Steve Jobs is sucking the soul out of New York City one photograph at a time.
For decades visitors of New York City have burned through multiple rolls of film and maxed out their memory sticks taking pictures of the city that never sleeps. Scores of family photo albums throughout the world are dedicated to photos taken in front of the city’s famous landmarks and next to homeless people in Penn Station—and for good reason. New York City is actually quite a beautiful place. The people that live and work here are normally too stressed out to notice.
The magnificent art deco skyscrapers like the Empire State Building and the Chrysler Building are iconic. The Statue of Liberty is a worldwide symbol of our freedom. Visiting the tree and rink in Rockefeller Center during the holiday season is time-honored tradition for millions of couples and families. An early evening springtime walk through the West Village is positively picturesque. Central Park is pretty dope. The museums are famous. And I guess even Times Square is at least a distinctly New York eyesore.
But the most photographed landmark in New York City isn’t any of these places. In fact, it’s a place that is barely unique to New York. It’s a place that many of you have at your local malls, less than twenty minutes from your houses.
It turns out the Apple Store on Central Park South and 5th Avenue tickles the fancy of the most photo-snapping index fingers. According to TechNewsDaily, a researcher by the name of Eric Fischer analyzed millions of pictures’ geo-tagged information on Flickr to determine the most photographed landmarks in New York.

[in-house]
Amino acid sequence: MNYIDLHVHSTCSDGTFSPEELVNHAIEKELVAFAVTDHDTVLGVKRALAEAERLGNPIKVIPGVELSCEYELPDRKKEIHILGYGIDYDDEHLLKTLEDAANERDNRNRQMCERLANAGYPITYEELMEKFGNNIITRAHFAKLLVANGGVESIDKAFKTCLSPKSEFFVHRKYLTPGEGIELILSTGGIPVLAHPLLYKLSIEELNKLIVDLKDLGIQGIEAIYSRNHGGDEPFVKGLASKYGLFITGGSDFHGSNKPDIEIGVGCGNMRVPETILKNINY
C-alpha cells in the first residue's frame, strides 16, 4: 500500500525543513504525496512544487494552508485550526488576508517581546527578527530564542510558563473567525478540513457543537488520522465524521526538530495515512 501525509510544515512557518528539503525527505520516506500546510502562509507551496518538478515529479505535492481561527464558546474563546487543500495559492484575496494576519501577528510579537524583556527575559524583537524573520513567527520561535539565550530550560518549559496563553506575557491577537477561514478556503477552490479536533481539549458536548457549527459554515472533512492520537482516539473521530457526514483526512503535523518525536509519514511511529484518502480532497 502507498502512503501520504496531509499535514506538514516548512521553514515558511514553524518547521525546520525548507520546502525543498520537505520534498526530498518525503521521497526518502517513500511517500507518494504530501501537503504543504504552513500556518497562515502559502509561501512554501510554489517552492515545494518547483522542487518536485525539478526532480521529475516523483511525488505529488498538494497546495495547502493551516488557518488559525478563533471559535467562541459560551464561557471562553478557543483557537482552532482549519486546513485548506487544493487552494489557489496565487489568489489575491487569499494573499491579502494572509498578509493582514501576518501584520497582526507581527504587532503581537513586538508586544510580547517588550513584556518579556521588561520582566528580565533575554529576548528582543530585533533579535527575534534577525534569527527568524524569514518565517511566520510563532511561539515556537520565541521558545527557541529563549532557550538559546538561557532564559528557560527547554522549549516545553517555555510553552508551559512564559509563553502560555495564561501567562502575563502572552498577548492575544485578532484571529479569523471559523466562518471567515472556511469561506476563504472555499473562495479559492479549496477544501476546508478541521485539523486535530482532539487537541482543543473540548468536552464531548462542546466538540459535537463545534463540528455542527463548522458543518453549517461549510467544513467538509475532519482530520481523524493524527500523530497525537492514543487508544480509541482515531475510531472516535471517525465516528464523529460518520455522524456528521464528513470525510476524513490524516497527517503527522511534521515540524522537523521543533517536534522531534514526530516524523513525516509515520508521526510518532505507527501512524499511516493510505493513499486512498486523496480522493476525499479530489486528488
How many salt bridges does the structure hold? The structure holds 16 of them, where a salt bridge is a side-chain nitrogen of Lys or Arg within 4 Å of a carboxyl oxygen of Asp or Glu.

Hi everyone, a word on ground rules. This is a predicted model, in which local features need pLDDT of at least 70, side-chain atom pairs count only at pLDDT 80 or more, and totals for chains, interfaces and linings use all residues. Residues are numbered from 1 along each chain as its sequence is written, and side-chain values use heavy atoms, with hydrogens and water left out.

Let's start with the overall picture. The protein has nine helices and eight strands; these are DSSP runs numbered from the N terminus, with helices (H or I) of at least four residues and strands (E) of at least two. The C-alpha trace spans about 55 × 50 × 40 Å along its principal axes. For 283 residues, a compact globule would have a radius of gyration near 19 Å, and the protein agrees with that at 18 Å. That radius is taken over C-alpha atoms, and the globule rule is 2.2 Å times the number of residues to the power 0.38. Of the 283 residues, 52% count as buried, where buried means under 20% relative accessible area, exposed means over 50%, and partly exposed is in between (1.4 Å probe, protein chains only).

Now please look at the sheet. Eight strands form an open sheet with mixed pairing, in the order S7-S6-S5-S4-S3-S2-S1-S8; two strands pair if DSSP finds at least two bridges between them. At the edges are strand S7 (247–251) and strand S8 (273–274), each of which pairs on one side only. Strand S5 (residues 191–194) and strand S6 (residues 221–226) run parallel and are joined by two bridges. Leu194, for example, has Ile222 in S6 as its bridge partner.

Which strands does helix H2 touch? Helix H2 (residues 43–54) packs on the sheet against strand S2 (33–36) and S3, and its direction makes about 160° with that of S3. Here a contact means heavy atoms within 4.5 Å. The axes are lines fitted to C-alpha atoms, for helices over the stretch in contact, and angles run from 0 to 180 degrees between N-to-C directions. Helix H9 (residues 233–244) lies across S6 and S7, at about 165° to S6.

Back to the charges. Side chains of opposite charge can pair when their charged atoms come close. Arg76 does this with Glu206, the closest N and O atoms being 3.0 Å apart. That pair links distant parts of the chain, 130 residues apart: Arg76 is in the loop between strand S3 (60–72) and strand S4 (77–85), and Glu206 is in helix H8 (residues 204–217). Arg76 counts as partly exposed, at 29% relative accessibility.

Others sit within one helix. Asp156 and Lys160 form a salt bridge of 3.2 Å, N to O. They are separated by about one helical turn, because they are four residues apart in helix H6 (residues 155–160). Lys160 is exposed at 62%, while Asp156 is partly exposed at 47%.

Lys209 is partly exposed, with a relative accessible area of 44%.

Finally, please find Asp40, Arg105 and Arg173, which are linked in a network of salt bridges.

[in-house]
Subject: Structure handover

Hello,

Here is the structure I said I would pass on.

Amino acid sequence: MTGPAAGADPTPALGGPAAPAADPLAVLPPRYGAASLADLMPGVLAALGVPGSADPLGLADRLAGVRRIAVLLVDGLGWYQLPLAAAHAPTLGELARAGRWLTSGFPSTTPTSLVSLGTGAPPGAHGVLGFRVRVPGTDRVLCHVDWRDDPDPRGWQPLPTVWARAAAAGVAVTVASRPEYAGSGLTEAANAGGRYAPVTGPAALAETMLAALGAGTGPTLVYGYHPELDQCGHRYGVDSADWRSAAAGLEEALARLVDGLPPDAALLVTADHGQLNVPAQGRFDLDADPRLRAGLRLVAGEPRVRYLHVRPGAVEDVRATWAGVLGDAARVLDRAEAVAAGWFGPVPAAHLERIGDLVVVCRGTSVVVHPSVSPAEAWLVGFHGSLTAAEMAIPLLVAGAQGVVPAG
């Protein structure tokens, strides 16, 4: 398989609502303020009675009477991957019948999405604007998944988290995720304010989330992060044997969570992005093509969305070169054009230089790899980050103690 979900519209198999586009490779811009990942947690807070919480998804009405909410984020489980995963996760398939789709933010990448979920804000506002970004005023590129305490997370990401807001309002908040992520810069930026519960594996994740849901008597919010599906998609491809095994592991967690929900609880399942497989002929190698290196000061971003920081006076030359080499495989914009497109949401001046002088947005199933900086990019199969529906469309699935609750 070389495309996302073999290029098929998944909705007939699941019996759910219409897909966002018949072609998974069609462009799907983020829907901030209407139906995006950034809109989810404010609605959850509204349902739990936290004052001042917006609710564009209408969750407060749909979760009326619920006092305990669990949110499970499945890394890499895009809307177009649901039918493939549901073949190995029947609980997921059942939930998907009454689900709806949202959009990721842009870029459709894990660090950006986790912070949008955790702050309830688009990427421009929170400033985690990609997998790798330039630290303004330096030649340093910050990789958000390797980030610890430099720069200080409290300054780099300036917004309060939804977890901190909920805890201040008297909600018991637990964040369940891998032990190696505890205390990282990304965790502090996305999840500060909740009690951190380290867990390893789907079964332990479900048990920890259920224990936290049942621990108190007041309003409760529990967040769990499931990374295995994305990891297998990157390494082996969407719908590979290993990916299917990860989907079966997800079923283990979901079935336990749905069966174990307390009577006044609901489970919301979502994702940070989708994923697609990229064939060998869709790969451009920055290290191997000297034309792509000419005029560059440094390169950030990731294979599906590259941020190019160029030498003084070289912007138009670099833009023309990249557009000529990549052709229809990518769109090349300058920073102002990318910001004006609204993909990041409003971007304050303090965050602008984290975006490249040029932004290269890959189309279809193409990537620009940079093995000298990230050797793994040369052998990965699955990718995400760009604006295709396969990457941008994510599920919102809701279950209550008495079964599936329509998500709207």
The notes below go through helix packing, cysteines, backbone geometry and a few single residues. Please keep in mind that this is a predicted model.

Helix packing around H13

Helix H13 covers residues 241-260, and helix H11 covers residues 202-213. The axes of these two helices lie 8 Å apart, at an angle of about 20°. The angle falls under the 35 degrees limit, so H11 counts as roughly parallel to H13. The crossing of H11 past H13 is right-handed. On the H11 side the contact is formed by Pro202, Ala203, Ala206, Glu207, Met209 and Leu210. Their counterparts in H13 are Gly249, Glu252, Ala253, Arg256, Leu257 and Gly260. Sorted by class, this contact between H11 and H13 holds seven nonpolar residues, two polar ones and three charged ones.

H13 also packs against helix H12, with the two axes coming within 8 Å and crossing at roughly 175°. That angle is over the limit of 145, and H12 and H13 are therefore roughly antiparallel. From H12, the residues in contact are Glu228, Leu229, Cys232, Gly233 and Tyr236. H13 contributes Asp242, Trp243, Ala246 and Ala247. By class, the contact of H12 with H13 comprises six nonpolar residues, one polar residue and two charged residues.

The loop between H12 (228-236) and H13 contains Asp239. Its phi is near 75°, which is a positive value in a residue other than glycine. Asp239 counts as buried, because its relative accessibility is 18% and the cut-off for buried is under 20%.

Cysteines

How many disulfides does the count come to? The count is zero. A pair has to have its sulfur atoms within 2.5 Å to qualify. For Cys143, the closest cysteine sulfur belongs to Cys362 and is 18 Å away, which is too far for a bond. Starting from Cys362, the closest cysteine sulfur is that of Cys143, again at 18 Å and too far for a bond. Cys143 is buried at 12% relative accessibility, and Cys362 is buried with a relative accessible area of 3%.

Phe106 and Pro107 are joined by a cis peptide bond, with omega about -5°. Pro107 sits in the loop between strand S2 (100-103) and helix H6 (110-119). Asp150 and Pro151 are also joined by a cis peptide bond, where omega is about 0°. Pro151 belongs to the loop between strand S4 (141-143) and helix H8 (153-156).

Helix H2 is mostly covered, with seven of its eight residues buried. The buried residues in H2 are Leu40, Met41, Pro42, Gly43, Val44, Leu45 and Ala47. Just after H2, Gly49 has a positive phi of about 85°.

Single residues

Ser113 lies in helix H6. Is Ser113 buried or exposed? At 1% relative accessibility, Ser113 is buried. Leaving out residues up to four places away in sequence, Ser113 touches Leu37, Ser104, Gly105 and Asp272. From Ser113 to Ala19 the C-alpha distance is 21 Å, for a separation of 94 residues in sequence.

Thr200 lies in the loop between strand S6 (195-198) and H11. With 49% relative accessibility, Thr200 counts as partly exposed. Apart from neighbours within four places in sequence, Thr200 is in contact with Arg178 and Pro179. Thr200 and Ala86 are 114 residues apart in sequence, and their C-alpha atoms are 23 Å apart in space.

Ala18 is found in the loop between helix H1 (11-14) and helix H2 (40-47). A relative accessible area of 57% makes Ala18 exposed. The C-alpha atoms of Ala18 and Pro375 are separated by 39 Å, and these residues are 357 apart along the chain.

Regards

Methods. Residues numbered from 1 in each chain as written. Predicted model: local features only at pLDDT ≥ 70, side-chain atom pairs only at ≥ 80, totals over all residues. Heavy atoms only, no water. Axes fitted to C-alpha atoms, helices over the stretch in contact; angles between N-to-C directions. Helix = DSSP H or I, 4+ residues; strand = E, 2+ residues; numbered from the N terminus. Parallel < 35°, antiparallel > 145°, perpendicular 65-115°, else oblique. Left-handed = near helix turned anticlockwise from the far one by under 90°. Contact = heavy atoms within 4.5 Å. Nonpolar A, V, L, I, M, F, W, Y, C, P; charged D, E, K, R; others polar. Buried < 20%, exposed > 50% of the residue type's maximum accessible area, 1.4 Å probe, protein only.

As it turns out, the glass square that was inspired by the inverted glass pyramid at the Louvre in Paris reigned supreme. The next three runners-up in order are Rockefeller Center, Columbus Circle and Times Square.
This research doesn’t simply include tourists either, but locals are also fawning over the glass square that marks the underground entrance to New York’s flagship Apple store. Inside, it’s not much different than the one in your local mall, chock-full of sexy iPads, iPhones, and MacBooks with all the sexy accessories the sexy owners could ever need. I give Czar Jobs a lot of credit for making electronics that can arouse people, but the culture he’s created is making a nicely designed Radioshack a tourist attraction.
Whoever is taking pictures of the damn cube needs to get their heads out of their asses—literally—Central Park right is behind you! So is the Plaza Hotel, possibly one of the most iconic hotels in the world—the same place Kevin McAllister stayed in “Home Alone 2″ and Charlie Sheen’s favorite place to beat up prostitutes. The Met, MoMA and the Guggenheim are down the street. Go take pictures of the beautiful brownstones on the Upper East Side, or the giant animated stuffed animals in FAO Schwarz, or heckle whoever is on CBS news. Go for a horse ride, eat a hot dog, yell at a cab driver. You can do all of these things are within a few blocks of that damn Apple store.
But do yourself a favor: as wonderfully minimal as the Apple store’s simple translucent design is, there are literally hundreds of better places and things to take pictures of—Grand Central Station, Bryant Park, the really good looking people in SoHo, even the great state of New Jersey is right across the water!
No interest? You sure? Alright, then excuse me while I pour some liquor out for the fallen architects who are surely turning over in their graves.